We’re used to seeing Jon Hamm in a suit and tie as Don Draper on AMC’s Mad Men. Now that production has wrapped on the award-winning series, and it approaches a spring 2015 finale, he’s loosening up a bit. Hamm is growing out his beard and taking on what Variety describes as pet projects, particularly UK series A Young Doctor’s Notebook in which he stars alongside Daniel Radcliffe.
“It’s not a show that appeals to an incredibly wide swath,” he told Variety ahead of the dark comedy’s stateside season premiere tonight. “[But it’s] a dark, funny, beautiful little thing.”
As is Hamm’s take on how we’re watching more and more television off of the TV screen. Check out some of the best moments from his conversation with Variety, and tune in to A Young Doctor’s Notebook season two premiere tonight on Ovation.
On shooting A Young Doctor’s Notebook in London:
I love working in the UK. Since I’ve gone to London the first time when I was 20 years old, I’ve had a sort of love affair with London. It’s a beautiful city and the people are very nice. The countryside is obviously gorgeous… It’s a collection of short stories so by nature, it’s episodic, so that could be interesting. And knowing British television, this could be a fun, little one-off thing that we could do for not a lot of money – mostly on set. You don’t have to go on location, which when you’re doing a period thing makes it very expensive. It could be dark and weird and macabre and funny… and like a little curio, a little interesting thing, so I sparked to it.
On basing the show on short stories from Mikhail Bulgakov:
When you base a television show on a very small book of short stories, you tend to run out of source material very quickly. So obviously the first series we called The Young Doctor’s Notebook. And this series we called The Young Doctor’s Notebook and Other Stories, because we ran out of Young Doctor’s Notebooks. So we had to sort of crib some of his other writing. I don’t think there will be a third series, but the interesting thing about making television in the UK is that they don’t require there to be 100 episodes for it to be made. It can be four or eight or even 12, or just six, and so that’s it. I think this may be the final time we see it, but I would do it again if there was another version of it.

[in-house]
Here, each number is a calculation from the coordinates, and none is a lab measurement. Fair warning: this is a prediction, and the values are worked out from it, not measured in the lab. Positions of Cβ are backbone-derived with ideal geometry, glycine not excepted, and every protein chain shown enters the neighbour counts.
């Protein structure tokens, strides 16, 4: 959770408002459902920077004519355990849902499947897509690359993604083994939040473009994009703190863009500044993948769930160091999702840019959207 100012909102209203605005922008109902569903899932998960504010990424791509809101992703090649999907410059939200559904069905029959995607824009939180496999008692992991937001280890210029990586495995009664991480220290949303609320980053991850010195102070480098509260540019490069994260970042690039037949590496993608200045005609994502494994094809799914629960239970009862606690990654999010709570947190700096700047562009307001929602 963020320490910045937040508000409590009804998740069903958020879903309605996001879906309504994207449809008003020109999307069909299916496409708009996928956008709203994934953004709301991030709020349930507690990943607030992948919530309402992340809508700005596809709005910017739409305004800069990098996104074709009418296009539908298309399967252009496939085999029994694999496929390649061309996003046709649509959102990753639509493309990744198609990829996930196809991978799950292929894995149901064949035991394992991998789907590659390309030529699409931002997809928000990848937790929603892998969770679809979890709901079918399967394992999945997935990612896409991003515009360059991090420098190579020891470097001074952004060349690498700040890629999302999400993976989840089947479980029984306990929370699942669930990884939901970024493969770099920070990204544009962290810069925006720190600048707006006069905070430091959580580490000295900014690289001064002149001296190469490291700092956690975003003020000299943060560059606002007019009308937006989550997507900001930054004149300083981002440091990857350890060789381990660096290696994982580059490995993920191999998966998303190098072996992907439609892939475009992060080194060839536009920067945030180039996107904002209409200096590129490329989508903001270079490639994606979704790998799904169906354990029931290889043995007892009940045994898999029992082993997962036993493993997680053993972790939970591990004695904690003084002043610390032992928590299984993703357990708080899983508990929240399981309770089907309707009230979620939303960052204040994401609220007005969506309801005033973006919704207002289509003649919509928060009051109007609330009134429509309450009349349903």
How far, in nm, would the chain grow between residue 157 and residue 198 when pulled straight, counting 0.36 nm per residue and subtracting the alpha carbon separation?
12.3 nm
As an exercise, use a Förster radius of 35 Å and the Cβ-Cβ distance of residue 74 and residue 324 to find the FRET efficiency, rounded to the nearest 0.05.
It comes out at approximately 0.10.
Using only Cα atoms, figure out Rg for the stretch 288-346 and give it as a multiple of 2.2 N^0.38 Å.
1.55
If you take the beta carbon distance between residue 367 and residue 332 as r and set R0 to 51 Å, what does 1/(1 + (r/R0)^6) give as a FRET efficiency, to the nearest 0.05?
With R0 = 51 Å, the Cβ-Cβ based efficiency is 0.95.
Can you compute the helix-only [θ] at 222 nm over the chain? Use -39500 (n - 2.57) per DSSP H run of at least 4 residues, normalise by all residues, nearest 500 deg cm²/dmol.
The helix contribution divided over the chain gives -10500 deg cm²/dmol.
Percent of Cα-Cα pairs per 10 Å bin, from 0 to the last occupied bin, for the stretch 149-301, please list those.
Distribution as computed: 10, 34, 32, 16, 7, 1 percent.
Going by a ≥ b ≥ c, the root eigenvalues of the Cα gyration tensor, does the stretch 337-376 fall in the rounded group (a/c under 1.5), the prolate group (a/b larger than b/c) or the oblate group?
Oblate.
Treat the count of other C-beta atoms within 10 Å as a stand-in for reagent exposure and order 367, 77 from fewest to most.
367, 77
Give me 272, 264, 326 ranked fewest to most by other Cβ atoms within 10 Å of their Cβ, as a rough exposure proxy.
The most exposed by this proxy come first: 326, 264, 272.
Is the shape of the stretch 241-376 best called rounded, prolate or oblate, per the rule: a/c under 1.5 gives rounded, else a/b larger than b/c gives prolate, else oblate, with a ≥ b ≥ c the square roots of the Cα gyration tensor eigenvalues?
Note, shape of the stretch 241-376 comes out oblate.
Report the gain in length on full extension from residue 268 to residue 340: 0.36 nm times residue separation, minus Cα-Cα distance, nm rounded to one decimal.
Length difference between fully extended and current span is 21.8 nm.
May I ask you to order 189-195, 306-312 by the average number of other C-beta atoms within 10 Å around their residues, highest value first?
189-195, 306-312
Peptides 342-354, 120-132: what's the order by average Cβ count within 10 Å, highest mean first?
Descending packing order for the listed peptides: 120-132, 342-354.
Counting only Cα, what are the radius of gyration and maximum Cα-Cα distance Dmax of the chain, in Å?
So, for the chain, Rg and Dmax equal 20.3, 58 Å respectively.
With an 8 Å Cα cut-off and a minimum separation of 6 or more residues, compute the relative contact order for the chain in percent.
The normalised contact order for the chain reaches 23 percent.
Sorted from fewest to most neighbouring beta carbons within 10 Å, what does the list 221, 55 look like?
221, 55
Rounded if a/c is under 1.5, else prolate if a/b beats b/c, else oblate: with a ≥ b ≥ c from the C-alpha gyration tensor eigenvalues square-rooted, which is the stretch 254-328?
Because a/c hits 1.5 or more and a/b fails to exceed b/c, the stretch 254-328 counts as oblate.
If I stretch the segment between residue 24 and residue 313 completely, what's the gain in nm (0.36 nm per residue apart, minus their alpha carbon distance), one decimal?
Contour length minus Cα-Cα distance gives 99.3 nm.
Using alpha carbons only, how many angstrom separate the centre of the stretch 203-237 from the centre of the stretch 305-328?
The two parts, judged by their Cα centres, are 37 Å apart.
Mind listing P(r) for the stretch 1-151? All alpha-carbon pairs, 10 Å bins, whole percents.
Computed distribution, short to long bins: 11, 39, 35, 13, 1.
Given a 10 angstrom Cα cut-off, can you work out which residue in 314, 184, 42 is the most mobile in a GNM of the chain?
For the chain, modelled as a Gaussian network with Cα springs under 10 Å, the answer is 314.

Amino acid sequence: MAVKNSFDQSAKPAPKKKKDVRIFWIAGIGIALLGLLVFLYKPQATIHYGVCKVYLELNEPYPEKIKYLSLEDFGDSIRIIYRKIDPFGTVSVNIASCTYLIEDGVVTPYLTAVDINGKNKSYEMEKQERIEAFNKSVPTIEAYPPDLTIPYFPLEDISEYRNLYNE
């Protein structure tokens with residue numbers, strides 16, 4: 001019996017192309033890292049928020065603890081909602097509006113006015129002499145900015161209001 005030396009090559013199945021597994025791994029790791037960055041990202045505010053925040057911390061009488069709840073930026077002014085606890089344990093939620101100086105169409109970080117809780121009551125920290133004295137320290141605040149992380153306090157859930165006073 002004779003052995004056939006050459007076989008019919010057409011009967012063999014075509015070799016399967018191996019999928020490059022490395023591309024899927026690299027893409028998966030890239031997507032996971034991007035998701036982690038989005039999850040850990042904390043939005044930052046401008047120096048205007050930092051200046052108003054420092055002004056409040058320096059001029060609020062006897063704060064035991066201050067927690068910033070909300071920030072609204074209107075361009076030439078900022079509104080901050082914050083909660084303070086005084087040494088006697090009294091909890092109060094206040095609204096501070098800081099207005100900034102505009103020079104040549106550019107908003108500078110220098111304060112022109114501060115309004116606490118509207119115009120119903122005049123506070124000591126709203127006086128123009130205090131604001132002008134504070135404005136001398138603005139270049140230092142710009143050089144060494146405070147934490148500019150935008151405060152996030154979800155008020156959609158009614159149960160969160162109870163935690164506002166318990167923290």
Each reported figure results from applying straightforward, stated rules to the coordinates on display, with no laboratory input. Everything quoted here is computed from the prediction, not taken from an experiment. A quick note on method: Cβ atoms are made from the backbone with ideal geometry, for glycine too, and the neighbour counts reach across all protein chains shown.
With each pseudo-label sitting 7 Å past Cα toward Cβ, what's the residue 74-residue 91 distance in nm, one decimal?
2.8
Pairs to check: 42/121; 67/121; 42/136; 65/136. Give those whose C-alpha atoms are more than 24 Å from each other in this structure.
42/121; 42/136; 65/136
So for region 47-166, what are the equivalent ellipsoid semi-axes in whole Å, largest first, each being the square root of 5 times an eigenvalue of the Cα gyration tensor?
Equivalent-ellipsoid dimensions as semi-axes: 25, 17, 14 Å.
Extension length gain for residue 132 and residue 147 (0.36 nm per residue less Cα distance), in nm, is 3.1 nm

On bringing Radcliffe on board:
As it turns out he’s a massive Mikhail Bulgakov fan and he loves the guy…I’m like, “So I guess we’re doing this.” … He’s such a nice person and a lovely actor to work with and he’s just such a hardworking guy. He was doing a play on the West End when we were doing the second season… “so we were literally just wrapping and we’ve been up since 6 o’clock in the morning and you’re going to go do a play?” He’s a perpetual motion machine.
On television’s changing landscape:
The world may be overtaking the sort of broadcast model at this point. There are so many other ways to consume televised entertainment. It’s Netflix. It’s Amazon. Xbox. All of these people are producing video content – at varying levels of quality, of course, but it is what it is. That’s not even taking into account the FunnyorDies of the world or the YouTubes of the world. I feel like the broadcast thing, while it is still a huge portion of the viewing audience’s main way to receive content, the portion has been shrinking by degrees year by year. I’m not a media studies major and I’m not a network executive. I just know that as a consumer I’m seeing that shift. And honestly, we were at the thin end of the wedge, the spear, so to speak, but AMC was one of the first non-HBO entities to have kind of a big splash in the culture and in the conversation. Now there are 15 more AMCs.